Look for the competitive advantage. Along with carefully researching a prospective employer, investigate the firm's chief competitors and identify areas in which you could help the business gain an edge over these companies. This type of information not only helps you compose a more-compelling letter, but prepares you to speak knowledgeably if you are invited for an interview.

Offer a critique. Congratulating a company on its successes when meeting with a potential employer is always a smart move, but it is also wise to formulate ideas on how the firm might improve. Hiring managers routinely ask questions such as, "How de you think we could enhance our web presence?" You can stack the deck in your favor by tactfully offering well-thought-out suggestions.

Follow up. Sending a personal thank-you note to your interviewer is a must, but you can make a more-memorable impression by including an industry-related article with the letter. A carefully selected news item demonstrates awareness and enthusiasm.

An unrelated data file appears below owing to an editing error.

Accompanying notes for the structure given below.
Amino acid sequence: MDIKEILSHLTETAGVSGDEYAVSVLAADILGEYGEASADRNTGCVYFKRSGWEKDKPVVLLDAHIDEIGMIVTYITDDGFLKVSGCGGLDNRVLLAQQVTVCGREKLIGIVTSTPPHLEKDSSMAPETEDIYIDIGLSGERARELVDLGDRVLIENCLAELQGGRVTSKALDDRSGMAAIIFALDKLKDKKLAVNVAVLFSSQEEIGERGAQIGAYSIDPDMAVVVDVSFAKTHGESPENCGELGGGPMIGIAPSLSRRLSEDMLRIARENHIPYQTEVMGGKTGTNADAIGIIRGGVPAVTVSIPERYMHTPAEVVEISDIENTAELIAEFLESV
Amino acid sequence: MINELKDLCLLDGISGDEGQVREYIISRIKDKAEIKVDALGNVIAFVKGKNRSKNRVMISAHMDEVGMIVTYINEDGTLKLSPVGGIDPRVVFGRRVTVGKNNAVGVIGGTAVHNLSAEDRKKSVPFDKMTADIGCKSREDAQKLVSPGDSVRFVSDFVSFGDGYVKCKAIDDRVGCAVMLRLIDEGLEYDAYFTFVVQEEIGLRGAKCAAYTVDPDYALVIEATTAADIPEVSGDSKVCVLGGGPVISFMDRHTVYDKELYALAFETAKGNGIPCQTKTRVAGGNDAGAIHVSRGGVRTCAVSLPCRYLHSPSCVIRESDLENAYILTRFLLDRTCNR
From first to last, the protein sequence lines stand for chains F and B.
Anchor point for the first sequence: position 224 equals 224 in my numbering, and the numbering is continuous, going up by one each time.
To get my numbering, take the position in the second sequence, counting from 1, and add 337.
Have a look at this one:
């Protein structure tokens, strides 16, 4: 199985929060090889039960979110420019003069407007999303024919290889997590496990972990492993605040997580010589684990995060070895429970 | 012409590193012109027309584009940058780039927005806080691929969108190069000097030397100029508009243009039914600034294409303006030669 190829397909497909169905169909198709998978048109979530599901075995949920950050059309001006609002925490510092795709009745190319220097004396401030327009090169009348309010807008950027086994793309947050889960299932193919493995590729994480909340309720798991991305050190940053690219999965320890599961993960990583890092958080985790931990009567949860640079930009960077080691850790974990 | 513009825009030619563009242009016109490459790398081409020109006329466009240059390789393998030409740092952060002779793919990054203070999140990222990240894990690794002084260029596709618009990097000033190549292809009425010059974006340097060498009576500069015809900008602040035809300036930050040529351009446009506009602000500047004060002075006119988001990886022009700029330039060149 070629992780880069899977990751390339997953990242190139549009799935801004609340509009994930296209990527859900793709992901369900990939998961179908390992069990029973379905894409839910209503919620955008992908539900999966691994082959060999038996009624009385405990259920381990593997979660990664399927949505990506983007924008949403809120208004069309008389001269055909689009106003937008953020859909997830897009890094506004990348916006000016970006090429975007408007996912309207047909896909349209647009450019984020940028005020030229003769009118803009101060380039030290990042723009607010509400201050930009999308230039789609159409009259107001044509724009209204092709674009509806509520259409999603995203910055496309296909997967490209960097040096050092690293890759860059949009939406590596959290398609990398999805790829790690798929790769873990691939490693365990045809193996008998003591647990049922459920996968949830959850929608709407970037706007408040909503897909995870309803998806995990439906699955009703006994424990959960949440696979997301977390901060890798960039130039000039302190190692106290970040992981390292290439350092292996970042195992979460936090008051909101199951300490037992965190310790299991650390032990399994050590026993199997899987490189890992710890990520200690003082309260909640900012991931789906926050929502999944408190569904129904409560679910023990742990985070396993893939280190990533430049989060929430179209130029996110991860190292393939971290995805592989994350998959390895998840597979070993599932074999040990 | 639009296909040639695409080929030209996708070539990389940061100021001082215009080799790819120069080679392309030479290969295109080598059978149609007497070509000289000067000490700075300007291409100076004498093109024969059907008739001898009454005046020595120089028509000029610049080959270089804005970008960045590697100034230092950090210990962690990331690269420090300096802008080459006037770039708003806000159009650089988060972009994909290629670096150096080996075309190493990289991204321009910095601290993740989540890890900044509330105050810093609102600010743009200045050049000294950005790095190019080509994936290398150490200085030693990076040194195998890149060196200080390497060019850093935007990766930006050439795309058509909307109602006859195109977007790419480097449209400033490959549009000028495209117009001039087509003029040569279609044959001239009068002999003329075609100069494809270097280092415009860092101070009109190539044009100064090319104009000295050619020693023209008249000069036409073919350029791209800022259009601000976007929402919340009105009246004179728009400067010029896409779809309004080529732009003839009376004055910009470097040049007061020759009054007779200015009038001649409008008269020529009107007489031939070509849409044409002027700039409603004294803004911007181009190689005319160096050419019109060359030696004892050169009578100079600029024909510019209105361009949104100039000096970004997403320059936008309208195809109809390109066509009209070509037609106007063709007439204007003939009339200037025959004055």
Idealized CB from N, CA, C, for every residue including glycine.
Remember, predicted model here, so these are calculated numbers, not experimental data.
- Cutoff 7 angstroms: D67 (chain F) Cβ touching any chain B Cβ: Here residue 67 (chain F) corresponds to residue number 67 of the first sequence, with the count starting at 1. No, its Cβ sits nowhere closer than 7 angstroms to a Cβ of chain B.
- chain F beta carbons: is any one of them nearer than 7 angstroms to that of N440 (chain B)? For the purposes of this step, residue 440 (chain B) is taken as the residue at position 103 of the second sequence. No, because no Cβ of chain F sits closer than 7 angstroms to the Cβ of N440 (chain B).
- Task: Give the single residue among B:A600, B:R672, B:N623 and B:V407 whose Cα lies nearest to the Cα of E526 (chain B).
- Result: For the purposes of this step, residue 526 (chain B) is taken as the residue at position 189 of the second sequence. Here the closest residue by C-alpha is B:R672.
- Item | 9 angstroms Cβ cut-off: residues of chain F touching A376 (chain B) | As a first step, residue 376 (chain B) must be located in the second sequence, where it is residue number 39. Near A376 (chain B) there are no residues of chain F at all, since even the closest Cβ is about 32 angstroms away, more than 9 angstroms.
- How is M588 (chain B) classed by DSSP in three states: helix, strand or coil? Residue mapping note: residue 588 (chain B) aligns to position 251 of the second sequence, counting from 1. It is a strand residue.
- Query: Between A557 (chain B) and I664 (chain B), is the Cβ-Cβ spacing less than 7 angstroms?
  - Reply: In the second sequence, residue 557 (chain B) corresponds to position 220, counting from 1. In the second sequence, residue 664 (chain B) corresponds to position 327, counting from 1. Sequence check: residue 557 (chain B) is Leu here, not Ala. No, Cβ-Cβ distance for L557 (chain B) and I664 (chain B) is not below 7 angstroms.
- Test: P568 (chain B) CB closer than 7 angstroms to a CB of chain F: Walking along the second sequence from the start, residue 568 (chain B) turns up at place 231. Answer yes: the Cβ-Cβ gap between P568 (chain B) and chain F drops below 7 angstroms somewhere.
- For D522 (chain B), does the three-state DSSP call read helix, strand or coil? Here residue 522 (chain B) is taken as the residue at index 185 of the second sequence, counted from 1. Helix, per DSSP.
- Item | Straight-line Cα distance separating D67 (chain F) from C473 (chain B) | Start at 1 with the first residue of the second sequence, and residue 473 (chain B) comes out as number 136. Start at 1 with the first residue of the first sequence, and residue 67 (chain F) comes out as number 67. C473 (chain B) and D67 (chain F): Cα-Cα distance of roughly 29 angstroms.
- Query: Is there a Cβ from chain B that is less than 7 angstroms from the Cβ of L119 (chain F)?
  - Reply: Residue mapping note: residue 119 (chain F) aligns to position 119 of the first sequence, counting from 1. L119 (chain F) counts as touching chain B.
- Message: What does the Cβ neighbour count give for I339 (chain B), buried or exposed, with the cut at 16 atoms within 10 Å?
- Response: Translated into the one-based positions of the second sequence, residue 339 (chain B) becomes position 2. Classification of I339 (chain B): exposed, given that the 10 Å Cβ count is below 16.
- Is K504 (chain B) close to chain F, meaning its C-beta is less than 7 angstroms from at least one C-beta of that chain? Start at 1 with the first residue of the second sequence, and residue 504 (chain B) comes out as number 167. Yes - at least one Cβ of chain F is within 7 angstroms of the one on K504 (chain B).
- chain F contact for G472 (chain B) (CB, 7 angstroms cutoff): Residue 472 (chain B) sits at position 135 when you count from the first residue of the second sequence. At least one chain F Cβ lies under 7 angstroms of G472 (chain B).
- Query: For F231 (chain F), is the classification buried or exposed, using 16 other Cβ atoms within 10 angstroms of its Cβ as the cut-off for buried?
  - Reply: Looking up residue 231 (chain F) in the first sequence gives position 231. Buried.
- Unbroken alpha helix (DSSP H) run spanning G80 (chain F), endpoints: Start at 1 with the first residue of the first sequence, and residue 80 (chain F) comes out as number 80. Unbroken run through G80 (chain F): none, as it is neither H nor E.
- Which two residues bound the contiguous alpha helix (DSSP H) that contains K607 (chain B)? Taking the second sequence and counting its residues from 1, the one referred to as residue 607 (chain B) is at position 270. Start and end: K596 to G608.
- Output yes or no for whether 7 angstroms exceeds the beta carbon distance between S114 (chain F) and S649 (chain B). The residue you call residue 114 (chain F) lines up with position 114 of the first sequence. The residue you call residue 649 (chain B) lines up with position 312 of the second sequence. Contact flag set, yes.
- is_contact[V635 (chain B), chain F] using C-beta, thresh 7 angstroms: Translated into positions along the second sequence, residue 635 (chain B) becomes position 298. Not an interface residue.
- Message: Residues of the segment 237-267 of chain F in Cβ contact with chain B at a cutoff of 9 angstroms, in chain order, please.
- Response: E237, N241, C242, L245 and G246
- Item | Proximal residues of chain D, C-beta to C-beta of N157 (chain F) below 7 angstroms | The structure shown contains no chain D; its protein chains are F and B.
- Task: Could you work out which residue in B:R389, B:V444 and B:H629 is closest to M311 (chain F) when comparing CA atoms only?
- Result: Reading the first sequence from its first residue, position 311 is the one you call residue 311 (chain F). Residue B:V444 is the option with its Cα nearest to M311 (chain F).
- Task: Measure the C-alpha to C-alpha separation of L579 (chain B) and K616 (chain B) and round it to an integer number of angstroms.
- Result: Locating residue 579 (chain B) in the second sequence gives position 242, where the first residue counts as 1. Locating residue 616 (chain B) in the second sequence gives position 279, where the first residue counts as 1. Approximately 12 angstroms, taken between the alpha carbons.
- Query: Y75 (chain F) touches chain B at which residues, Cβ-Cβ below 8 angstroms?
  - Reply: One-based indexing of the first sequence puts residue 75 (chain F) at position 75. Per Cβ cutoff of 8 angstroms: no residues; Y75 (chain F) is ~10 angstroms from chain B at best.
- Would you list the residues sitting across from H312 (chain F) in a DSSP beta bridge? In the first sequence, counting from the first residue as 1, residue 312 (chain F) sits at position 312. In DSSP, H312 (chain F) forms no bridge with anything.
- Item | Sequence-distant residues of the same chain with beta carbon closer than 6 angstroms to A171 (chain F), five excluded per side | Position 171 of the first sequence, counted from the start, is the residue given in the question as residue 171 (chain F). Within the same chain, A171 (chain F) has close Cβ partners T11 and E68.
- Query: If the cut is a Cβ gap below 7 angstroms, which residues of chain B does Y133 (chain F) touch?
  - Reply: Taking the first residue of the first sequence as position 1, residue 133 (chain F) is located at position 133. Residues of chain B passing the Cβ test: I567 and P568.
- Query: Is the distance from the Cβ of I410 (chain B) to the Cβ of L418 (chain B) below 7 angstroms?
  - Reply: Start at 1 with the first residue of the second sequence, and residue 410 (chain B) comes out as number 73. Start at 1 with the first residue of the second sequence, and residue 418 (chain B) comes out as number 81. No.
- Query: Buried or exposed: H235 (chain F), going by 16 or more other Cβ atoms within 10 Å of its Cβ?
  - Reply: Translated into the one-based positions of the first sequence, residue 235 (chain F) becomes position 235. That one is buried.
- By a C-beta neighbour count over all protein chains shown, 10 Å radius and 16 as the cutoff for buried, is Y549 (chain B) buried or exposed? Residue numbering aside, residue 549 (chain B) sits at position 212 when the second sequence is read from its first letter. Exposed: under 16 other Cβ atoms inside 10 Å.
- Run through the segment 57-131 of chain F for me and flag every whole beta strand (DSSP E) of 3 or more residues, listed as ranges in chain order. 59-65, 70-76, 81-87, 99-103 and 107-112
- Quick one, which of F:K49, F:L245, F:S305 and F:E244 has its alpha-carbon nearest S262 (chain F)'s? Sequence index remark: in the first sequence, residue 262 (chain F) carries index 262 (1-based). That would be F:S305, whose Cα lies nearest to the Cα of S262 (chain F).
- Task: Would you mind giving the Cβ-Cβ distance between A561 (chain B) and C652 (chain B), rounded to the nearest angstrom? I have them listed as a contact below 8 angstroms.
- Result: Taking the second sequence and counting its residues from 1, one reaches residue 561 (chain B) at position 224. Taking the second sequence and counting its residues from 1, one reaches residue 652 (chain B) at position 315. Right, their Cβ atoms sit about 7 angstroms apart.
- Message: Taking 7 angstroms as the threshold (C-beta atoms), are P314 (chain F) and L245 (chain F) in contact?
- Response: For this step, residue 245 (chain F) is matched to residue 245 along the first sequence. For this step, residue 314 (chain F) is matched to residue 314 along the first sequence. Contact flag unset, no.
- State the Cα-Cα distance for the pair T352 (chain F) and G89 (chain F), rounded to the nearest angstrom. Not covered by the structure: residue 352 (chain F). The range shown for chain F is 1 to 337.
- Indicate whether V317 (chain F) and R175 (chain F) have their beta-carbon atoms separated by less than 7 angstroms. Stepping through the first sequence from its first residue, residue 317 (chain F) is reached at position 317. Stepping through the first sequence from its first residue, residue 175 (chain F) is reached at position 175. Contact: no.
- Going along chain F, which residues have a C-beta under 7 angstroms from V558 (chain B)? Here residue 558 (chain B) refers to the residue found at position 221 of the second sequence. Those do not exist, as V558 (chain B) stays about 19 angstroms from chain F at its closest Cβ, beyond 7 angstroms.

"Don't sweat the small stuff" may be a popular philosophy in today's society, but according to an author and job search expert, overlooking the "small stuff" is poor advice for a recent or soon-to-be college graduate seeking that first job. …

The rest of this article is only available to active members of Questia

Sign up now for a free, 1-day trial and receive full access to:

  • Questia's entire collection
  • Automatic bibliography creation
  • More helpful research tools like notes, citations, and highlights
  • Ad-free environment

Already a member? Log in now.

Notes for this article

Add a new note
If you are trying to select text to create highlights or citations, remember that you must now click or tap on the first word, and then click or tap on the last word.
One moment ...
Default project is now your active project.
Project items

Items saved from this article

This article has been saved
Highlights (0)
Some of your highlights are legacy items.

Highlights saved before July 30, 2012 will not be displayed on their respective source pages.

You can easily re-create the highlights by opening the book page or article, selecting the text, and clicking “Highlight.”

Citations (0)